And this isn't me whining about people using my art. I love seeing people excited about my work and showing it to each other. But you've got to be careful. If you use it for much else, the publishers will defend their copyright. They are legally obligated to do so, or their property WILL become public. So even though you think they shouldn't care about you making up 50 shirts with your band name and a Magic card illustration on it, they care. They care because if they let it slide, they lose their cash cow.
o I'm a fledgeling artist, and I'm not sure how to price my work. I don't want to scare people away! How do I determine what to charge?
Pricing can be hard for us arty-types. We just want to be able to do it for a living, right?
It doesn't need to be hard. The basic template is this: Start out with what you feel your time is worth. Whether that's $100 an hour or $10. (This should be more than your day job, unless you're a neurosurgeon or something.) Then estimate how much time it will take you in hours, and viola. It's far easier to think of it in terms of what your /time/ is worth, rather than what your /art/ is worth.
Don't undersell. I know the temptation is "I just want to make art, and I don't want to scare this guy away; I'll do it cheap, and call it portfolio fodder." DON'T DO IT. If your price is reasonable, and they scoff and balk at it - you do NOT want to work for them in the first place. Trust me here. If they're not willing to pay, then they don't value you, your work, or your time. And/or they're clueless as to what's involved in creating the work. You'll spend quadruple overtime in revision hell with some drippy wang who's taking advantage of you.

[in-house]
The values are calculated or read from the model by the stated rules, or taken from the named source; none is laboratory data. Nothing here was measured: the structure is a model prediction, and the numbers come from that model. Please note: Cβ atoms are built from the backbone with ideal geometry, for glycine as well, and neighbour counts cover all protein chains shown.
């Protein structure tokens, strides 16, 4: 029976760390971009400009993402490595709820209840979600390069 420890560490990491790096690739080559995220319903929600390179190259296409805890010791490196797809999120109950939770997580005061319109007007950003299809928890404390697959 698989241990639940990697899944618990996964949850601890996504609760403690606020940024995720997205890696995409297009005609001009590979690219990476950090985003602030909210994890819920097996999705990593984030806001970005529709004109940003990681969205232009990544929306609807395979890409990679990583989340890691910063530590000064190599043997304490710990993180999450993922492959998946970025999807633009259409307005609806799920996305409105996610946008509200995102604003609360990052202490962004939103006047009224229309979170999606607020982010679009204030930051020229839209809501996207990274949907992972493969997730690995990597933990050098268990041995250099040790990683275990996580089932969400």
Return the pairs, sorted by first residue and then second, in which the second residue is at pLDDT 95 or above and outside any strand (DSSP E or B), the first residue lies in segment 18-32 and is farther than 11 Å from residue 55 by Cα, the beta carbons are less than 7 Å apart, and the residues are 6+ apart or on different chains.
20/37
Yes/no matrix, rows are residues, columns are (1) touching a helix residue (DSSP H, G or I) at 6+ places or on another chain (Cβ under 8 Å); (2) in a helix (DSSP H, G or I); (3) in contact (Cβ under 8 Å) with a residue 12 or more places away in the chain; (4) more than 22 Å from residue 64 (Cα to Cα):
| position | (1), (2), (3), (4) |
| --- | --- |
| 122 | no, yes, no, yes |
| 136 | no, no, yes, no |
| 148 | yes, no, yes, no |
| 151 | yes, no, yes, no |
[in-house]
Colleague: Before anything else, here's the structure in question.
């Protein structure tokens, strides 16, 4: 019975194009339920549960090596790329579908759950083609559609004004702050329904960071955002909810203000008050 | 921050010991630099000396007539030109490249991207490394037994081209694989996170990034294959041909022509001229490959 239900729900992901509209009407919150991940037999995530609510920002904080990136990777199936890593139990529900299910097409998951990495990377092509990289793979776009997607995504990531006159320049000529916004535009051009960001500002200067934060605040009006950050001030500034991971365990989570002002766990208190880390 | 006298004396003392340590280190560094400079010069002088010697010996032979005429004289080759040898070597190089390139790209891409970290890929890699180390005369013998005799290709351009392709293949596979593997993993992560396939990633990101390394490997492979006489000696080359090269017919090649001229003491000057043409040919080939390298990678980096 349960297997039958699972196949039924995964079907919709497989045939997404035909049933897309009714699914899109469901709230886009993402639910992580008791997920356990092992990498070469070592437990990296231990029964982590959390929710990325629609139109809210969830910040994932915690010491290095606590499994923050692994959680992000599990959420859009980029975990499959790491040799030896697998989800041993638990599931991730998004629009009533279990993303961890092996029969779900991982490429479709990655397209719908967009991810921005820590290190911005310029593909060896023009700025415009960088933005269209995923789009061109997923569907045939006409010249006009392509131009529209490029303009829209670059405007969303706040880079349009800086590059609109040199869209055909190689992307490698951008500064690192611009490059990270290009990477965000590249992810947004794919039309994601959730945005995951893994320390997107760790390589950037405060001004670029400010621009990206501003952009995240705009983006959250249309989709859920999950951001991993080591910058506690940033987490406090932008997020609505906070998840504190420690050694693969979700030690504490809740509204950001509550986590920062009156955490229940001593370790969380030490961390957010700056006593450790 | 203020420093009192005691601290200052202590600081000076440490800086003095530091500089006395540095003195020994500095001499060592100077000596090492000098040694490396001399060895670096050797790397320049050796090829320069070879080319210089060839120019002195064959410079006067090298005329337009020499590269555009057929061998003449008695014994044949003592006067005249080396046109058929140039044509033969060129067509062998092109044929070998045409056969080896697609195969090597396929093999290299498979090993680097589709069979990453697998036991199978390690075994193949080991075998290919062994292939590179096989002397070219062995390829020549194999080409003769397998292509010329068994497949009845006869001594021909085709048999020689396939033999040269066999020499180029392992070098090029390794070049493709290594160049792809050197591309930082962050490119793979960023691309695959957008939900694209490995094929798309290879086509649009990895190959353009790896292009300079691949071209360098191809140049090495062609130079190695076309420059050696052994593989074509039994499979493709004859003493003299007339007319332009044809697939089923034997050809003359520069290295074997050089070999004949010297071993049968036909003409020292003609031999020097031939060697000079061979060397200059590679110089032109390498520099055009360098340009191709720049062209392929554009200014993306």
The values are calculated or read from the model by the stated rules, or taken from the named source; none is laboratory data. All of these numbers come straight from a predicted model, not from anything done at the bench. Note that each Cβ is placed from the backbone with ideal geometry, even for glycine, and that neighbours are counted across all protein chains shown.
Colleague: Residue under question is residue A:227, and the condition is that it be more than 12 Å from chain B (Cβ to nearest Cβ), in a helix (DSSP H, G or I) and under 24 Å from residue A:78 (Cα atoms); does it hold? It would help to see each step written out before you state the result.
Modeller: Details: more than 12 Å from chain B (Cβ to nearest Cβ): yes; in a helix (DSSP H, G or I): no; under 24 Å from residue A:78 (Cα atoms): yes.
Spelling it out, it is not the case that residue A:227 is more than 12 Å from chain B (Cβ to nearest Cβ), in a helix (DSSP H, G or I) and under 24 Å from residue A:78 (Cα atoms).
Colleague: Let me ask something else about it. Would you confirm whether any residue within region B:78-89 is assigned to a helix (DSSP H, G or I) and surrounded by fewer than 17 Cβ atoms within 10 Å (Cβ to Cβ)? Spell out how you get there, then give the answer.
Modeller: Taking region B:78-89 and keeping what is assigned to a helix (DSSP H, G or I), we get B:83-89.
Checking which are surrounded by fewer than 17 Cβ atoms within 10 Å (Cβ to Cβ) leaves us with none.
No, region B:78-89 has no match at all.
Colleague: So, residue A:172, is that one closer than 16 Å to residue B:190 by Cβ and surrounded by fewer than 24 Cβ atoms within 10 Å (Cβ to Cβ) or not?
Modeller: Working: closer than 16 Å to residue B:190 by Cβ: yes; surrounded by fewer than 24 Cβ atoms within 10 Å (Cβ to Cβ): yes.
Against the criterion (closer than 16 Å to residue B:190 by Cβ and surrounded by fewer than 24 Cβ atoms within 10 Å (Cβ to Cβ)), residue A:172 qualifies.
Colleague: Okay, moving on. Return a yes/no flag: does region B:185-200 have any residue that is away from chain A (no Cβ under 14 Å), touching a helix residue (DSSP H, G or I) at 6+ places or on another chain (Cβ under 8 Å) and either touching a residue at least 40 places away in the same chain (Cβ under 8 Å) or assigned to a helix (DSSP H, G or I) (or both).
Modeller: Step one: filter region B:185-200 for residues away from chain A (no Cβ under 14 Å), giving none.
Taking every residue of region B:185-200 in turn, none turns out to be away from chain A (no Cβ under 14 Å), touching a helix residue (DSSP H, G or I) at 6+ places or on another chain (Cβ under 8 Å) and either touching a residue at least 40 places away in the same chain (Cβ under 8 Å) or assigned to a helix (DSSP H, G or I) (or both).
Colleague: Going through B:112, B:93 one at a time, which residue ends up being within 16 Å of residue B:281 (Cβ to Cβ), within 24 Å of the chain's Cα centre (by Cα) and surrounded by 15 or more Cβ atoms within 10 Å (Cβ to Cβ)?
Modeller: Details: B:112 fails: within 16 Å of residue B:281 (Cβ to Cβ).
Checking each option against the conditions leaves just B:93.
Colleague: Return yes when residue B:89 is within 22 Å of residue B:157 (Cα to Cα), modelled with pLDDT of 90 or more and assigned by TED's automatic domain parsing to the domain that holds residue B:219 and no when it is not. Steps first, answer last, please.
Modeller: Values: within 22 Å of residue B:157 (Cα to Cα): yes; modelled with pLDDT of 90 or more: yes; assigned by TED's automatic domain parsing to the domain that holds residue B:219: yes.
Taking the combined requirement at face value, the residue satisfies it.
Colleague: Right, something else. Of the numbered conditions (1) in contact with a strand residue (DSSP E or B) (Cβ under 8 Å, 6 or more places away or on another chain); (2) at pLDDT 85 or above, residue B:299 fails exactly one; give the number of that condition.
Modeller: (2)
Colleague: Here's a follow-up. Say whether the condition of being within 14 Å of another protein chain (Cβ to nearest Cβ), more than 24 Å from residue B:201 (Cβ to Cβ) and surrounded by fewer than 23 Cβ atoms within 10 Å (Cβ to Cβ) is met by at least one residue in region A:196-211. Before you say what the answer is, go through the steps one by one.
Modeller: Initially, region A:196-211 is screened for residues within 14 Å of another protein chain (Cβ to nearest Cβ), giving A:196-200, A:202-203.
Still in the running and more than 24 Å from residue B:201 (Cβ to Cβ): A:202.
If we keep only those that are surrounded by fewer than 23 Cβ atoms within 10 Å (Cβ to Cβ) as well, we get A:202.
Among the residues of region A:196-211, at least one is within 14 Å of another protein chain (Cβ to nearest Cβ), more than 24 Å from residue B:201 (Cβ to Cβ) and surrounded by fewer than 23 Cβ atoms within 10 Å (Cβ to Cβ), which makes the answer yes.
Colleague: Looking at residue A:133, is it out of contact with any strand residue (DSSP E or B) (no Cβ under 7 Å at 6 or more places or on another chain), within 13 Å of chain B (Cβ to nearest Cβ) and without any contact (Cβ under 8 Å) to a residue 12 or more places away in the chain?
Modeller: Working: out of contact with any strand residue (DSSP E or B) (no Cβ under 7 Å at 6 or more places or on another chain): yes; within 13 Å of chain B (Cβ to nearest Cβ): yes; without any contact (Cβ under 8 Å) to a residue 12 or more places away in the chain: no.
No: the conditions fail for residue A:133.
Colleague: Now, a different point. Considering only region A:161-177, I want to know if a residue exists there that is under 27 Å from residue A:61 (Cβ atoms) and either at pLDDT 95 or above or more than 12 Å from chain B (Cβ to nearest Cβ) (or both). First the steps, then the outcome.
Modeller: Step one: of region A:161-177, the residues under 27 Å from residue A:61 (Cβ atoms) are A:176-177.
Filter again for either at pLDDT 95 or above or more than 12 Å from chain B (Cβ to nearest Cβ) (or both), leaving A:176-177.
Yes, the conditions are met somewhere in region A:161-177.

Likewise, beware if you hear "This will be huge! You'll be famous when this comes out. And isn't that worth more than a quick buck? You'll instantly have a name for yourself, because you'll be attached to my incredible, awesome thing that will make me rich!" If they're so confident in their project, they shouldn't be worrying about assuming some of the cost to complete it. If they're unwilling/unable, then guess what the chances are that the project is /actually/ going anywhere?
Never take on the risk for someone else's project.